But that all changed as I sat listening to this courageous woman share the story of abuse she had been exposed to in her home as a child. She shared about how a real relationship with Jesus had brought healing and hope to her life. She described this healing journey as a process, and said an important step in that process was FORGIVENESS. She recognized that she had to forgive her mother and father for what had been done to her as a child. She encouraged all of us to make the strong, hard choice to forgive those who had wronged us.
I thought, "Forgiveness?! You've got to be kidding me! I am never going to forgive my dad! He should be asking me for forgiveness, and until he does, I'm not even going to entertain the thought!"
But no matter how hard I tried to fight it, by the time she reached the end of her story, I knew that as much as I hated the idea of forgiveness, it was what God was leading me to do...
I kicked and screamed in my heart over the idea. I cried and prayed all the way home that night. I remember praying, "This is too hard, God. I can't do it. How am I supposed to forgive him? Why would You ask me to do something this hard? Don't You love me?"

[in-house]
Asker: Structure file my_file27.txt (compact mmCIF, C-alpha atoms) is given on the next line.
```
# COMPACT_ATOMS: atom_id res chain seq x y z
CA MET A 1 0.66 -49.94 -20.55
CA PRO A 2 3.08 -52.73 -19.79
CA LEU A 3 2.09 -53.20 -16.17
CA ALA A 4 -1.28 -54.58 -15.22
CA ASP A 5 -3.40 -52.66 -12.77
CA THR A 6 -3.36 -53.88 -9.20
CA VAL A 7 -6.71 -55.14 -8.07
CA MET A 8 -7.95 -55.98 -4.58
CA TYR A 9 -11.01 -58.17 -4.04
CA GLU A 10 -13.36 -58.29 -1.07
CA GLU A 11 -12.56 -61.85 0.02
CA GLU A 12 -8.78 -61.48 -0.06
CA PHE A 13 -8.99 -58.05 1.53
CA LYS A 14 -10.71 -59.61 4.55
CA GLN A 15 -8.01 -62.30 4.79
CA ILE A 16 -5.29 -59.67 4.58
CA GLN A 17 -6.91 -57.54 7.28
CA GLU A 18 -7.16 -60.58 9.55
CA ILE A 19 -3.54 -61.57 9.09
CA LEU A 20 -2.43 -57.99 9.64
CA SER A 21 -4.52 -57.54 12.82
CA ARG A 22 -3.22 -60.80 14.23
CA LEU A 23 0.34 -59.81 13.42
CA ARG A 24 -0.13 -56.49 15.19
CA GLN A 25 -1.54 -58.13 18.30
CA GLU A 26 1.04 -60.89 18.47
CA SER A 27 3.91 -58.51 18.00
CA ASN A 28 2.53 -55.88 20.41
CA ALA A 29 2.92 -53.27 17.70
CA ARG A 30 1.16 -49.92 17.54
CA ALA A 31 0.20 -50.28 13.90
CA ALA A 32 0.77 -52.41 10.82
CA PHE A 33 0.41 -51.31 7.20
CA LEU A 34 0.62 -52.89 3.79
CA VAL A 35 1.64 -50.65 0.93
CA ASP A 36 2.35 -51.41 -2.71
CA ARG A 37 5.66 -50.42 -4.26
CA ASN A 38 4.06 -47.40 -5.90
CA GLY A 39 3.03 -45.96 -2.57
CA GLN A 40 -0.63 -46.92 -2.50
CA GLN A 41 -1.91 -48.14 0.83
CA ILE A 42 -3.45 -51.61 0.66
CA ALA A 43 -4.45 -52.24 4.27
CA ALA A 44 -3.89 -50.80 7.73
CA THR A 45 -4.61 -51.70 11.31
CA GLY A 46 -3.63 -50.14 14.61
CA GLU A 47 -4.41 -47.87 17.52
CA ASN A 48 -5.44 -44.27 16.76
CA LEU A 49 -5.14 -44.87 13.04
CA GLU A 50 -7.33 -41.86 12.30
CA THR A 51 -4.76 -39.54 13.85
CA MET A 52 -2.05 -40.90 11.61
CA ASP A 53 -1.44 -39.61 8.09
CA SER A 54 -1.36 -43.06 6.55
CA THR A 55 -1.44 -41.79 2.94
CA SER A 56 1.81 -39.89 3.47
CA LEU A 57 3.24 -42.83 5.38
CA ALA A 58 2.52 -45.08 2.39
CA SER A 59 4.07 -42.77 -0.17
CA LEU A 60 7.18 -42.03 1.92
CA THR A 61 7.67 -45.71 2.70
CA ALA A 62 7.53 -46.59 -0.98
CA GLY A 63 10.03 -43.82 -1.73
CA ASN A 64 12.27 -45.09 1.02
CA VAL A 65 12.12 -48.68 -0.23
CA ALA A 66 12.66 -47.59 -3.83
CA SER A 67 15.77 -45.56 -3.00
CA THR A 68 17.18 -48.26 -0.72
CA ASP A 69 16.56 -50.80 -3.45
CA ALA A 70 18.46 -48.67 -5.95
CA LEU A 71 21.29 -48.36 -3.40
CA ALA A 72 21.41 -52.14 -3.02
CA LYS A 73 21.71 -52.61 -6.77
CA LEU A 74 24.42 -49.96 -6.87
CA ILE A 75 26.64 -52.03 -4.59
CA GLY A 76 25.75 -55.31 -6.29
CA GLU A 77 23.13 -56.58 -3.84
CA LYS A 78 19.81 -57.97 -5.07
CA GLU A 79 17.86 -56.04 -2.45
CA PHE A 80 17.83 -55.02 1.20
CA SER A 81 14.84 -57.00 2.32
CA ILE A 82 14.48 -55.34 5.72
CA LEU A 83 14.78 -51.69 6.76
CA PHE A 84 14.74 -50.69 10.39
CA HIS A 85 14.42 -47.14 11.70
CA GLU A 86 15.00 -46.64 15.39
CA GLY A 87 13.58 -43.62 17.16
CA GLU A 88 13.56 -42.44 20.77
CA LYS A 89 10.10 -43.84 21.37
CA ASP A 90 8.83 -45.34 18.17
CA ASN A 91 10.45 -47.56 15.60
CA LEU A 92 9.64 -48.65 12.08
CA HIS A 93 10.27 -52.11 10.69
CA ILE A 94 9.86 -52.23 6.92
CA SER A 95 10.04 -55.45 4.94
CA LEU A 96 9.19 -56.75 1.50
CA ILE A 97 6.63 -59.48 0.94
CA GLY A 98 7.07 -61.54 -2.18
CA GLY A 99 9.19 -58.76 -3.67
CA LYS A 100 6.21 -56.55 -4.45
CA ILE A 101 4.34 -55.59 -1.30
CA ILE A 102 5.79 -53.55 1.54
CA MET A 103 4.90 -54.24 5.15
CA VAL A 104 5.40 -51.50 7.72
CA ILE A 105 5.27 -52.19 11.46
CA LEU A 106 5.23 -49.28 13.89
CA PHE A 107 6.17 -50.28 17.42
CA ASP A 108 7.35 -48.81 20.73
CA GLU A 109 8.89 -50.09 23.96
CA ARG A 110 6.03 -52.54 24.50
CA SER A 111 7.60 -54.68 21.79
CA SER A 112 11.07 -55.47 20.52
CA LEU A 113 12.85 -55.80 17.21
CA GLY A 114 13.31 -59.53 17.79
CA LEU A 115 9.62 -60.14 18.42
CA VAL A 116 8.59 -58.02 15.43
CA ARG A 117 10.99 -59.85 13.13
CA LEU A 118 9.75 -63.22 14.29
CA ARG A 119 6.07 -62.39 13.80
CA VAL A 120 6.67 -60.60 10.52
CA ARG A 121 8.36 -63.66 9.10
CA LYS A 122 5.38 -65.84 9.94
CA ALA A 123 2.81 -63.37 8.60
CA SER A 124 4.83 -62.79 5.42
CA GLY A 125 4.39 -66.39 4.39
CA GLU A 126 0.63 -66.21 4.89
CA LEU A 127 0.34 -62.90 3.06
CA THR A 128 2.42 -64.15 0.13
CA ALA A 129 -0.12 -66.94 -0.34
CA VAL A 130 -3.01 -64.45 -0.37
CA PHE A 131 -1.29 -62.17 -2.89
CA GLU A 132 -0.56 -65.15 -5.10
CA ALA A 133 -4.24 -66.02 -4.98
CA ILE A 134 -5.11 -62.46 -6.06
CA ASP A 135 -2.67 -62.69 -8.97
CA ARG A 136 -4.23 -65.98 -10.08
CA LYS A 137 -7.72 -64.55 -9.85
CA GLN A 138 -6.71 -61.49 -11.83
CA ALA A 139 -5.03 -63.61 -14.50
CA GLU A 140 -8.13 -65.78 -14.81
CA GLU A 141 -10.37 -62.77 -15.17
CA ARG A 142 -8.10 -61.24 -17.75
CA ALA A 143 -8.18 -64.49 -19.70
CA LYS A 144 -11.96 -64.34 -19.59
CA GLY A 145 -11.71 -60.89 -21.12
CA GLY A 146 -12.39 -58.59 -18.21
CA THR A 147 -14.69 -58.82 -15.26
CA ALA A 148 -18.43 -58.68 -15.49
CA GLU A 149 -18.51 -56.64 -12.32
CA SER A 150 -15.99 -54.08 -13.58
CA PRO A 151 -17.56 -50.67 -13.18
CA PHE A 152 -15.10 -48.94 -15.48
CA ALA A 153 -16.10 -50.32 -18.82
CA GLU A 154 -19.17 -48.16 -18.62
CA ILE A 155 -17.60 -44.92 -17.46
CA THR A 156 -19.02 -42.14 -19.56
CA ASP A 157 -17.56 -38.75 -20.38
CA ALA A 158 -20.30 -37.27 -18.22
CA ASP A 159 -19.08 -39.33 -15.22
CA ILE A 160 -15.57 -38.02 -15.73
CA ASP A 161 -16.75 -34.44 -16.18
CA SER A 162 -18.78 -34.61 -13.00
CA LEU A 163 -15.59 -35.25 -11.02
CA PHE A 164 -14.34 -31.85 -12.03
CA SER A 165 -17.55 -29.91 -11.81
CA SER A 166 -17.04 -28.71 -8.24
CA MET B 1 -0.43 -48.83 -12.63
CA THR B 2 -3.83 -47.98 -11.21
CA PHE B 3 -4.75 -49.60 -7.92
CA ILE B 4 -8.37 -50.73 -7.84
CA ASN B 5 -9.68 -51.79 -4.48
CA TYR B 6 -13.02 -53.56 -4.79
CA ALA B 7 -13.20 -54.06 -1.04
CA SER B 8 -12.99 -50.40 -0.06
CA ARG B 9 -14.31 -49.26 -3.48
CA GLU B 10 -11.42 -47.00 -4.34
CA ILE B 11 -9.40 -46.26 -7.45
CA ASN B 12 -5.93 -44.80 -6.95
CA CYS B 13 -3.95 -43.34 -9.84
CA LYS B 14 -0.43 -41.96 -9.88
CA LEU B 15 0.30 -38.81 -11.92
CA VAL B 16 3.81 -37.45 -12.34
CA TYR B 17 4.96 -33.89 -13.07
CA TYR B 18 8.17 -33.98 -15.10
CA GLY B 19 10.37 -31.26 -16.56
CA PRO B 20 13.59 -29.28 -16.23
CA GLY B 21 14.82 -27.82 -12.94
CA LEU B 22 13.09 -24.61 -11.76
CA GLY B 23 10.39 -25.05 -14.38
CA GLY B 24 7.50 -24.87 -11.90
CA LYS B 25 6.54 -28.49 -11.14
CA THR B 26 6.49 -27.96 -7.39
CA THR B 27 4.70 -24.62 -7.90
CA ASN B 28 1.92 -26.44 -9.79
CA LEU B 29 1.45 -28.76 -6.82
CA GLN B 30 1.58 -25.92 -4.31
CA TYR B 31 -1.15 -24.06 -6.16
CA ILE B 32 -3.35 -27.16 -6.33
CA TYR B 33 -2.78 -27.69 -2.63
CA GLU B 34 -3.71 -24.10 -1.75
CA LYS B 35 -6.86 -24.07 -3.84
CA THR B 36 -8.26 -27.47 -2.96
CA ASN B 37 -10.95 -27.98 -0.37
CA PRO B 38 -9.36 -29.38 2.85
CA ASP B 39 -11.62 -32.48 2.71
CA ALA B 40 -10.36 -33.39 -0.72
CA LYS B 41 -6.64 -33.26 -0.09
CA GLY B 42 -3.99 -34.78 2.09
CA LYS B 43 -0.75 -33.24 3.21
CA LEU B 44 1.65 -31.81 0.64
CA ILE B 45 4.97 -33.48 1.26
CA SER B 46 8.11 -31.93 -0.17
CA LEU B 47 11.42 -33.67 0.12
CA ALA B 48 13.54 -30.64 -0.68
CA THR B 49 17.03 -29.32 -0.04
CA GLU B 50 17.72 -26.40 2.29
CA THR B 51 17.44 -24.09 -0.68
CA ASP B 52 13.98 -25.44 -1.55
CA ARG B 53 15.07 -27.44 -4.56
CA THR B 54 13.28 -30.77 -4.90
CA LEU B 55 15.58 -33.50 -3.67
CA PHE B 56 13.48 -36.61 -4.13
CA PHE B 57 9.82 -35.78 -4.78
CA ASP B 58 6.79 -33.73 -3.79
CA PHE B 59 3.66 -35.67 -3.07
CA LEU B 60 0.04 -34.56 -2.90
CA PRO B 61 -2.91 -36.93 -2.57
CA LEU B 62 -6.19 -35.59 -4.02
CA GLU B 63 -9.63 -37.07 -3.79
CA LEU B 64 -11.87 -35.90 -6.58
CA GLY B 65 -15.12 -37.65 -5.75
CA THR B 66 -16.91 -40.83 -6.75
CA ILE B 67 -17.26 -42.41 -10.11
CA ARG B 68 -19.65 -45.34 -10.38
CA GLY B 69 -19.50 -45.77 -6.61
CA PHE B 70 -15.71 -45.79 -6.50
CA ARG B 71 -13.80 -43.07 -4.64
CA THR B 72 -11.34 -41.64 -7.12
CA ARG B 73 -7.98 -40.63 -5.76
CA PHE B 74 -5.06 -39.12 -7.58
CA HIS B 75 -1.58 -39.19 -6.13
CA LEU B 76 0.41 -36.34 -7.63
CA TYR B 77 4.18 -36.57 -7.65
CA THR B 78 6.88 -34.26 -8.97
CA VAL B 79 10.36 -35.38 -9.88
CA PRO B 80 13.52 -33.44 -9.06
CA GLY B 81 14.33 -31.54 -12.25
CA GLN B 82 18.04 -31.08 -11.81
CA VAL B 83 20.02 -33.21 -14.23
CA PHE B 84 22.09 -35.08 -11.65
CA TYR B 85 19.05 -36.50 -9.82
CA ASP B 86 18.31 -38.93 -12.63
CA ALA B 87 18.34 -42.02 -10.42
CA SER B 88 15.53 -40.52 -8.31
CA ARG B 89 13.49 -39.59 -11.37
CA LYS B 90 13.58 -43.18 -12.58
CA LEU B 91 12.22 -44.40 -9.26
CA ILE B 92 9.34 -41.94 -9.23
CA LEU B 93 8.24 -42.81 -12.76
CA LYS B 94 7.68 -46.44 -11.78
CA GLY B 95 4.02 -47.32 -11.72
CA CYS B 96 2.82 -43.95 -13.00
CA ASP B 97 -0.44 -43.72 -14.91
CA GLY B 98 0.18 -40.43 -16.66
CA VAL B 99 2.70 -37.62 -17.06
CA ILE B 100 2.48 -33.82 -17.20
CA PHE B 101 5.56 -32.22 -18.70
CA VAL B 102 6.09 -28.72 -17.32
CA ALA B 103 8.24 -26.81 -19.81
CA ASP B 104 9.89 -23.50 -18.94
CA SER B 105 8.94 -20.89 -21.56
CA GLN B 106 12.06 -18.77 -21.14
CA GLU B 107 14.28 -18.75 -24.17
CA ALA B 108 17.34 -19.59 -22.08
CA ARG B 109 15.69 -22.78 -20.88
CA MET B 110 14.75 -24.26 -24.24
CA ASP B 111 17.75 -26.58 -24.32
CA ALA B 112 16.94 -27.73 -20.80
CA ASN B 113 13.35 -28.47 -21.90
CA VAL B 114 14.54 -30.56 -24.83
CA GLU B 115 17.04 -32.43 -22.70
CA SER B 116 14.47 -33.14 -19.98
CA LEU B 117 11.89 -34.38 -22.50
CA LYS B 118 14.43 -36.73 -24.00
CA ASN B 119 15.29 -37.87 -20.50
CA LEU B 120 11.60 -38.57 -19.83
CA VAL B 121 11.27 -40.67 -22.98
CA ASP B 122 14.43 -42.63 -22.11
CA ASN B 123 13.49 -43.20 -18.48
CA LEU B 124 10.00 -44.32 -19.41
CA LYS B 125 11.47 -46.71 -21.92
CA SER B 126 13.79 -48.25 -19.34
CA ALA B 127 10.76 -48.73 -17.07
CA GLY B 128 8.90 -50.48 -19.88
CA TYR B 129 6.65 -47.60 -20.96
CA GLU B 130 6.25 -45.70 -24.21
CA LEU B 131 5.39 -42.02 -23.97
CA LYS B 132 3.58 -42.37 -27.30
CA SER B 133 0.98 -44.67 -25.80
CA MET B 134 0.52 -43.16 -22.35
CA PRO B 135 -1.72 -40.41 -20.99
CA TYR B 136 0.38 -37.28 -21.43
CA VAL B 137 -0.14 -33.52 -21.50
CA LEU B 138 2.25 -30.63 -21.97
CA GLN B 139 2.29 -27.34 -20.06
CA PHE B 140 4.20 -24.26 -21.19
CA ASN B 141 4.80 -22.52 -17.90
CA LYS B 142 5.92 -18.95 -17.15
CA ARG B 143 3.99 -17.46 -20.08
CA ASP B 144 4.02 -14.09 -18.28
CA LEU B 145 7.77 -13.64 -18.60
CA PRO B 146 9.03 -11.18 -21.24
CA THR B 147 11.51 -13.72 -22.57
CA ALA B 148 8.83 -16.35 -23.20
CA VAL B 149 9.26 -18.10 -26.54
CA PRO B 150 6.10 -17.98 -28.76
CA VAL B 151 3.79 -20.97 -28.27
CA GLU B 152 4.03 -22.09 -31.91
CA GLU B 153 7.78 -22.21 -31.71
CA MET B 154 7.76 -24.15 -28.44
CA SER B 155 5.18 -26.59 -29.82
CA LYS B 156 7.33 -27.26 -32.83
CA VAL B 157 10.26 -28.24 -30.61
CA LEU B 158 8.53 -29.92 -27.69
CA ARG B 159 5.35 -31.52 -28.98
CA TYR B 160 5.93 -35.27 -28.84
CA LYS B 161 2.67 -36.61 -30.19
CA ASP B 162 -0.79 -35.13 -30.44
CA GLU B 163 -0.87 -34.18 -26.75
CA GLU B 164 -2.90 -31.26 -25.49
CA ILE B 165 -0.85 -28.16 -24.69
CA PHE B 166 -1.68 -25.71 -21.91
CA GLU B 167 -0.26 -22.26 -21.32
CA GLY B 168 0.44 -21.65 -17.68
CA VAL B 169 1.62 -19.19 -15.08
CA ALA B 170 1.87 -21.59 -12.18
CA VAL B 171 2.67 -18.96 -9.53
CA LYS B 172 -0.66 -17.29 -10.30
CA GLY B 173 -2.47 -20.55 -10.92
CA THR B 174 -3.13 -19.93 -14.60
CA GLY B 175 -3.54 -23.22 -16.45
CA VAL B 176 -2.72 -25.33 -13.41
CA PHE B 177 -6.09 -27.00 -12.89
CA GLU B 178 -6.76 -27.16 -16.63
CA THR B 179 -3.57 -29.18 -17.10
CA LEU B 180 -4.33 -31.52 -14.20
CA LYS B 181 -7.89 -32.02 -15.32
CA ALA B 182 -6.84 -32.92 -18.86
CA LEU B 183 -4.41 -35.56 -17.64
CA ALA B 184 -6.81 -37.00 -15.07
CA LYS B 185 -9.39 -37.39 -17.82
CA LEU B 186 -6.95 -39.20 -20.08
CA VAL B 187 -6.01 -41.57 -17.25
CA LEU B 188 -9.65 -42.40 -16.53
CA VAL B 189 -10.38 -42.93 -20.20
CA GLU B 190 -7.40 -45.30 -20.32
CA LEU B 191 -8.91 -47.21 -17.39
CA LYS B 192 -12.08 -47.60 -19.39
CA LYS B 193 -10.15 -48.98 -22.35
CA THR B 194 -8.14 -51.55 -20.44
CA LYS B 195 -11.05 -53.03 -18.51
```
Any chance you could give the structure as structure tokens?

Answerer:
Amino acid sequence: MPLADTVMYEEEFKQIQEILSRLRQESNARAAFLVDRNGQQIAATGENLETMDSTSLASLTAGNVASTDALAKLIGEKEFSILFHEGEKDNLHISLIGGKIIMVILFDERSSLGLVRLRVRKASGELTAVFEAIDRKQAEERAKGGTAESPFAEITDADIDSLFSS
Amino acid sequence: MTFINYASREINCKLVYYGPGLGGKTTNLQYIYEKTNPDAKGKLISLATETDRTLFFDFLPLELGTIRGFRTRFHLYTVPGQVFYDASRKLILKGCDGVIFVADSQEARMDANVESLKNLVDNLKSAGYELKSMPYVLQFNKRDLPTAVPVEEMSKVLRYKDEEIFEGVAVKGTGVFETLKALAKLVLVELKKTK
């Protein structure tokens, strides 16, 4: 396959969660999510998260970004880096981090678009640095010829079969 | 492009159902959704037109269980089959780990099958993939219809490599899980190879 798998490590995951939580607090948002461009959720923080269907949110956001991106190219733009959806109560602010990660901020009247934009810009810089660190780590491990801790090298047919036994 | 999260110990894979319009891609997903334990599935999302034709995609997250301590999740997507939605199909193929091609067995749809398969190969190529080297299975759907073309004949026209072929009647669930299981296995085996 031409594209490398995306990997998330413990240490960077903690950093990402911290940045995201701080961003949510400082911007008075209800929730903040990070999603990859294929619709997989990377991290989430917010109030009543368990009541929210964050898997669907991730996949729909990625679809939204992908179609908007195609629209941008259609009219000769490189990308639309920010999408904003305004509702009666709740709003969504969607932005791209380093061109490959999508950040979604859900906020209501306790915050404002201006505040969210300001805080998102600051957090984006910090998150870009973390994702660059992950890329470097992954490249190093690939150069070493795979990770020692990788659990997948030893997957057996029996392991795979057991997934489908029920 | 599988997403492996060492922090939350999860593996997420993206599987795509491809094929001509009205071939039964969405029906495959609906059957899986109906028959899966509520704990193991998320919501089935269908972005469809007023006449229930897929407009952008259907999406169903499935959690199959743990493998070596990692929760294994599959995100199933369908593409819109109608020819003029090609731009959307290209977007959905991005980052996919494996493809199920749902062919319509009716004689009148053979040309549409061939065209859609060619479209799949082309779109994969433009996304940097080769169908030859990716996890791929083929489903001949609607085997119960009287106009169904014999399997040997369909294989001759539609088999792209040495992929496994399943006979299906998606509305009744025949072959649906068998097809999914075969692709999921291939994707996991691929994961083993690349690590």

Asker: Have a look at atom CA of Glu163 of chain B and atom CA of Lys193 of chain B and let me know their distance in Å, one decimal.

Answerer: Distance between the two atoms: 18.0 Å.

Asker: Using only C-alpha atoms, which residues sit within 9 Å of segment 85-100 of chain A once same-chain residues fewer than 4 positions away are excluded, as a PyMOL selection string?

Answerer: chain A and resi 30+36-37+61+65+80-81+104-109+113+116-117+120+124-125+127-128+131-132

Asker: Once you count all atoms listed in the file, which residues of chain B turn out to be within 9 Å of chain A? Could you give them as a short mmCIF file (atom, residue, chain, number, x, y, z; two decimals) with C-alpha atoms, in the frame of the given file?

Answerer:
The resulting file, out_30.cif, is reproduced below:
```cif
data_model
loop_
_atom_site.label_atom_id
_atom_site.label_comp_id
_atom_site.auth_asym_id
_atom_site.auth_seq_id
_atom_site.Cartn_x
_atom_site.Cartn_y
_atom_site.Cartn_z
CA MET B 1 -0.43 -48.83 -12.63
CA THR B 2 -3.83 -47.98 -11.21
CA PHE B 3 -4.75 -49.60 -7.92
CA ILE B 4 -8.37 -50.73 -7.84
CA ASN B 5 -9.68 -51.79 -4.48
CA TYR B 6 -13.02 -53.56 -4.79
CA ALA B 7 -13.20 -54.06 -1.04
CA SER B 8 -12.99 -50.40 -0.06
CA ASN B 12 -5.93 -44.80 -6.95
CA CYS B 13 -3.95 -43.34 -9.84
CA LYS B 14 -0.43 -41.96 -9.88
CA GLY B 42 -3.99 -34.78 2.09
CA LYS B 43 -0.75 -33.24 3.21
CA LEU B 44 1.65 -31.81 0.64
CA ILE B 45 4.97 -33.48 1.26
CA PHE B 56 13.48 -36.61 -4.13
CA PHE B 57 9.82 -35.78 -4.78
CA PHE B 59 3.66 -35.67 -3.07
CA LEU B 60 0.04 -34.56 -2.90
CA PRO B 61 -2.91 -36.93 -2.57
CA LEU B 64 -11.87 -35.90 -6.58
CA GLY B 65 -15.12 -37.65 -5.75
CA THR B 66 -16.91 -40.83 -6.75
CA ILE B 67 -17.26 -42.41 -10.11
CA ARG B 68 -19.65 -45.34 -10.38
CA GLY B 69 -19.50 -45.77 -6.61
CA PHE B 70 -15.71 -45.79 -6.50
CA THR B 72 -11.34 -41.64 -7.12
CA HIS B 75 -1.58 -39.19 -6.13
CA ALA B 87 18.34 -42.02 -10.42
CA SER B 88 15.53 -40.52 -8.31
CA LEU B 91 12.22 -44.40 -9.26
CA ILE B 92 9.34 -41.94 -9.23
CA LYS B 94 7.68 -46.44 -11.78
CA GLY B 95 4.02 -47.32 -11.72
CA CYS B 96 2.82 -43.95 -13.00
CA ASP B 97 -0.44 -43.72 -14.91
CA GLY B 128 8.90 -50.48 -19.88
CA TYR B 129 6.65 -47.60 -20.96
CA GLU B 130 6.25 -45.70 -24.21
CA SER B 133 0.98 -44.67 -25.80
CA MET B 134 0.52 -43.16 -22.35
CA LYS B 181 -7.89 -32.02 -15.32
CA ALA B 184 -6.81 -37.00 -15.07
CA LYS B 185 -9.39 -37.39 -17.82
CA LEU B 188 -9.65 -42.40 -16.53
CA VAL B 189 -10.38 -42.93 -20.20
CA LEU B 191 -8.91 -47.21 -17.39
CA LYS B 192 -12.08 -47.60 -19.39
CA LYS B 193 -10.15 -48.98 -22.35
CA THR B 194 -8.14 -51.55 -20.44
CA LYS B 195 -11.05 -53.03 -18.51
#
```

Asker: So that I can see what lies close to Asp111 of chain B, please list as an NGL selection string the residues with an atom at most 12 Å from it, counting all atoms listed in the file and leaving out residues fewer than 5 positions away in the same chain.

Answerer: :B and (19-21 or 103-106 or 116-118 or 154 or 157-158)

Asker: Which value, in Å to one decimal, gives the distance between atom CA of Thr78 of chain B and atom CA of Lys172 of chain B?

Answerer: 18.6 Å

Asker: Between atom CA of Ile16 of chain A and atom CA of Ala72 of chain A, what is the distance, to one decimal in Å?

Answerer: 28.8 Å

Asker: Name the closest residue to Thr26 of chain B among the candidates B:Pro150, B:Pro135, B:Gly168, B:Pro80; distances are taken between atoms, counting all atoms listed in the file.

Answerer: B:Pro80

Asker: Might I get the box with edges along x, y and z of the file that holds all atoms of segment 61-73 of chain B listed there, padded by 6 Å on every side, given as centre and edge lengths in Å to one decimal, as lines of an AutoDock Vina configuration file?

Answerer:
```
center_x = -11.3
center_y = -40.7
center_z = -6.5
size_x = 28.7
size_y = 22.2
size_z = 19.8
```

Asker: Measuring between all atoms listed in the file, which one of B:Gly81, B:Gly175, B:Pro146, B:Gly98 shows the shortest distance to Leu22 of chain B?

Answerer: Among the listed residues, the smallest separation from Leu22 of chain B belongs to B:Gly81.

I truly believe this was our loving and wonderful Heavenly Father's response to me: "I do love you. More than you could ever know. It's because I love you that I want you to forgive. I want you free, and you won't be free without forgiveness."
That night I called my father. We hadn't exchanged words in a very long time. In fact, I was surprised he took my call. I suppose he was just as surprised that I had called in the first place.
I clenched the phone in my hand so tightly that my knuckles turned white. My hands wouldn't stop shaking. I struggled to control my voice as it cracked and swayed under the weight of confined tears.
And to my dismay, and by God's grace, I listened as these words poured out of my mouth, "Papi, I just wanted to call to tell you that I love you. And I am sorry. I want to ask for your forgiveness, because for so long I have been angry and bitter towards you. That's not right of me. I want you to know that I love you, and I am deeply sorry my love has been in question."
Then came an awkward silence that seemed to last forever. It may have been the longest pause of my life.
My father finally spoke. I could hear the tears in his shaking voice as he told me that he loved me, and that it was he who was sorry for all that had taken place.